Buy America: How Biden’s Made in America plan could impact Canadian companies
Canadian companies that bid on American government contracts could be cut out of the procurement process if Joe Biden follows through on his Buy American plan after he becomes U.S. president today, according to business and trade experts.
Manufacturers and exporters in Canada supply a vast range of equipment to public works projects in the U.S. from school buildings to wastewater treatment facilities.
But Biden’s promise to prioritize U.S.-based suppliers and products made on American soil could hurt Canadian companies by blocking them from bidding for work, especially after he unveils an infrastructure plan next month.
The Made-in-America endeavour could disrupt the Canada-U.S. supply chain and lead to significant trade tensions, experts say.
Yet the hardest hit firms will be those directly involved in U.S. government contracts, they say.
“If you’re in the business of supplying government procurement projects like municipal infrastructure, those are the companies most at risk,” said Dennis Darby, president and CEO of the Canadian Manufacturers and Exporters.
Stricter Buy American rules for federal procurement could hurt manufacturing on both sides of the border, he said.
“Manufacturers are so integrated across North America,” Darby said, noting that a lot of what Canadian companies make are the “bits and pieces” that go into the continental supply chain.
“When U.S. manufacturers do well, so do Canadian manufacturers. We’re all part of the same supply chain.”
The biggest losers in an era of greater U.S. protectionism are likely to be a broad cross-section of Canadian firms supplying products to American municipalities, rather than specific sectors, experts say.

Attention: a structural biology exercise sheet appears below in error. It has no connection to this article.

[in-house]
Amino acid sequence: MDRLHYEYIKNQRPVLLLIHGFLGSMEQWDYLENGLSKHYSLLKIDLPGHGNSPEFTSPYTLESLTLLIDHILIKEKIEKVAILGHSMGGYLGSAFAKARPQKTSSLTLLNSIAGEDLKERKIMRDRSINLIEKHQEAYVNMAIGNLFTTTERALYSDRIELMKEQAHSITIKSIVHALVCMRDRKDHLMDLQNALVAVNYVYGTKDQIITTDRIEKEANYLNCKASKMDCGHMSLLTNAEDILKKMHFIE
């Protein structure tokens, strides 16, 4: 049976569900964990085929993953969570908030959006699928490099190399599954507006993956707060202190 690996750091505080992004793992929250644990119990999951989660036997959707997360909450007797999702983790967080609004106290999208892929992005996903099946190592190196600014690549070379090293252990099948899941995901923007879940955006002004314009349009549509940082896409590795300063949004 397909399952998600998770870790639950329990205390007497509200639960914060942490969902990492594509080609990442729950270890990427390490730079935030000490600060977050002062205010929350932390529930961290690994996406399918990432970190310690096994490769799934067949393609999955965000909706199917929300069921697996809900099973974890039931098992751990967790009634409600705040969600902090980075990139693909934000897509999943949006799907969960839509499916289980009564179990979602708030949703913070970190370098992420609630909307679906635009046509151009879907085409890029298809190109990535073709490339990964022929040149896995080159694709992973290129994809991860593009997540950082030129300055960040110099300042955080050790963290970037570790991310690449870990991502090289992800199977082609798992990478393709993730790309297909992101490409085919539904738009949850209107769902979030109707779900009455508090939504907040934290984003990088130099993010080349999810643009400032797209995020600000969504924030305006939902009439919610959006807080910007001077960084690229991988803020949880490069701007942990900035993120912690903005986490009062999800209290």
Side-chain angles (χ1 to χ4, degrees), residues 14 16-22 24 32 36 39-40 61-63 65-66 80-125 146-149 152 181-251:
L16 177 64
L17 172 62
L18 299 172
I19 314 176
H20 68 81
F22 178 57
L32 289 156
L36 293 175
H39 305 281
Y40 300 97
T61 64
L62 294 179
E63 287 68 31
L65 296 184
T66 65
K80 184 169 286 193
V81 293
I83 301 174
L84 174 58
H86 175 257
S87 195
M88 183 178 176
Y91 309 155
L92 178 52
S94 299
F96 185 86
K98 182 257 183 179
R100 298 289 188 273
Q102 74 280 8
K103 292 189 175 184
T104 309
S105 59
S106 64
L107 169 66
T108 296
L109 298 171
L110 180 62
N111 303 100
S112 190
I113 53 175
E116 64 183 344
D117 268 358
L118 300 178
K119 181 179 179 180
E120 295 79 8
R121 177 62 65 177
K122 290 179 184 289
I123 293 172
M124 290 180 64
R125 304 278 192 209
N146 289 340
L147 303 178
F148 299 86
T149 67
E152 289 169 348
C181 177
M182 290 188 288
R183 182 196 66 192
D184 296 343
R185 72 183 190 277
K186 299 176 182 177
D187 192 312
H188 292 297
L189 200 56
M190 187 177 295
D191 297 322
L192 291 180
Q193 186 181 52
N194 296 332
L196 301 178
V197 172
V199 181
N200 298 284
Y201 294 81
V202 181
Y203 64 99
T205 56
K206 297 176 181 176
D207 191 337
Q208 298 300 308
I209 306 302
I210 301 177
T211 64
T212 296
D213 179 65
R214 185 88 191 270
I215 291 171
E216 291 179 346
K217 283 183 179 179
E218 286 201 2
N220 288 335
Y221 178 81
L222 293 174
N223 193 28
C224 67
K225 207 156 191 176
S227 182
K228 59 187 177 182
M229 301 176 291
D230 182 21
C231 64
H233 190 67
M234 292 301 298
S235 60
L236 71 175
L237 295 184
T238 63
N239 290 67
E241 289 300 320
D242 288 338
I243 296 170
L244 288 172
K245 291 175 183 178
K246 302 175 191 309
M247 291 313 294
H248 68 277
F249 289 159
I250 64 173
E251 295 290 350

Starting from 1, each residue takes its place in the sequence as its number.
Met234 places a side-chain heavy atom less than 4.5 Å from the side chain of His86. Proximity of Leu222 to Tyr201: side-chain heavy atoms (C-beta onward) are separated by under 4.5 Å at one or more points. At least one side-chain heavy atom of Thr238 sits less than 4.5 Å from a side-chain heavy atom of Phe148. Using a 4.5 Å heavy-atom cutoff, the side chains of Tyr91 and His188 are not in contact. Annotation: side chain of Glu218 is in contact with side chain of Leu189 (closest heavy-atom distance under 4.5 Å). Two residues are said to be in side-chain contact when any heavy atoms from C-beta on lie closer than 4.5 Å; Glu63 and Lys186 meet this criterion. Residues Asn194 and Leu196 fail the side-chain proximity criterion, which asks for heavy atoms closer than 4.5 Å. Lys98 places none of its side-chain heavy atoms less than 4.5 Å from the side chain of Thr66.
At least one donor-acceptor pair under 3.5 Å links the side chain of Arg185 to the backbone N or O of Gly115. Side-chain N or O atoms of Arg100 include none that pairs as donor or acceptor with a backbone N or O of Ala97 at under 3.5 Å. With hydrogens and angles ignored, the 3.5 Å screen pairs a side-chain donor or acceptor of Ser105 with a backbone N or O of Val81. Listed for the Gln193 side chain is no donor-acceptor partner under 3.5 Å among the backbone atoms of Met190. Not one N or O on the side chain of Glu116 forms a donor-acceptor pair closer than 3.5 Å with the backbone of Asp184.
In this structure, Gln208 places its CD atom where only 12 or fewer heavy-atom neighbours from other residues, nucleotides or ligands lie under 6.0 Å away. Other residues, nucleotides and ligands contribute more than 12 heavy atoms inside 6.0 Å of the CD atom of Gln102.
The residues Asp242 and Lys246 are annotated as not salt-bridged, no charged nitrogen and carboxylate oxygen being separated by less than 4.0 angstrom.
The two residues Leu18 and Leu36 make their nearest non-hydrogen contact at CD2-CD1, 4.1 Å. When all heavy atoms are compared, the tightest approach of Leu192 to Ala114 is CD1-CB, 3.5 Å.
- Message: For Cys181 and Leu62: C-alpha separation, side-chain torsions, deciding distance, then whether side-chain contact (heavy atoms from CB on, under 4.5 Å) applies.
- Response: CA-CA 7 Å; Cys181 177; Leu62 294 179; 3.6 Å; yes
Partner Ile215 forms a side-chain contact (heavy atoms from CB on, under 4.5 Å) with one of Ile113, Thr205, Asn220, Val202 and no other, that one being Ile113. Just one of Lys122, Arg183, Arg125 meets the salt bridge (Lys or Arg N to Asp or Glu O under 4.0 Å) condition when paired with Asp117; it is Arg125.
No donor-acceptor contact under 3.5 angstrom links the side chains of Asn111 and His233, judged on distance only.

Companies that supply pumping equipment for municipal water facilities, pipes for new sewage lines, or play structures for new playgrounds could all suffer, they say.
Meanwhile, both Canada the U.S. already have “buy national” provisions carved out of existing trade agreements. Military procurements, for example, exclude foreign suppliers.
Donald Trump pursued his own Buy American policies but it’s unclear how much further Biden can expand these provisions without facing a legal challenge, said trade expert Lawrence Herman.
“The question will be whether the expansion of the Buy American provision is permissible within the scope of the (World Trade Organization) agreement,” said Herman, international trade lawyer at Herman and Associates.
Yet the impact of the Buy American agenda on Canadian businesses could be widespread, he said.
“There are a lot of Canadian companies that supply products to American municipalities,” Herman said. “They could all be affected.”
Colin Robertson, one of the negotiators of the original Canada-U.S. Free Trade Agreement and North American Free Trade Agreement, said Canada should come to the table with solutions.
“If Biden goes through with this, you’re going to hear from Canadian companies that feel they’re being excluded from U.S. projects,” said Robertson, vice-president and fellow at the Canadian Global Affairs Institute.
“You’re almost better to deal with it on a one-by-one basis,” said the former Canadian diplomat. “If the guy who builds playsets in Ontario can’t bid on a new playground, what you want to do is try and get the province and state to work something out.”
If Biden’s massive stimulus package is approved, the demand for construction materials _ especially steel and aluminum – could be huge, Robertson said.
But if the Buy American plan is ramped up and starts to affect materials from Canada, he said negotiators need to point out that ultimately they’ll get better value including materials produced in Canada.
“If you want maximum value for these dollars, it’s better to open up bidding,” Robertson said. “The challenge with these sorts of Buy American programs is you can get cartels forming within your locality that drive up prices.”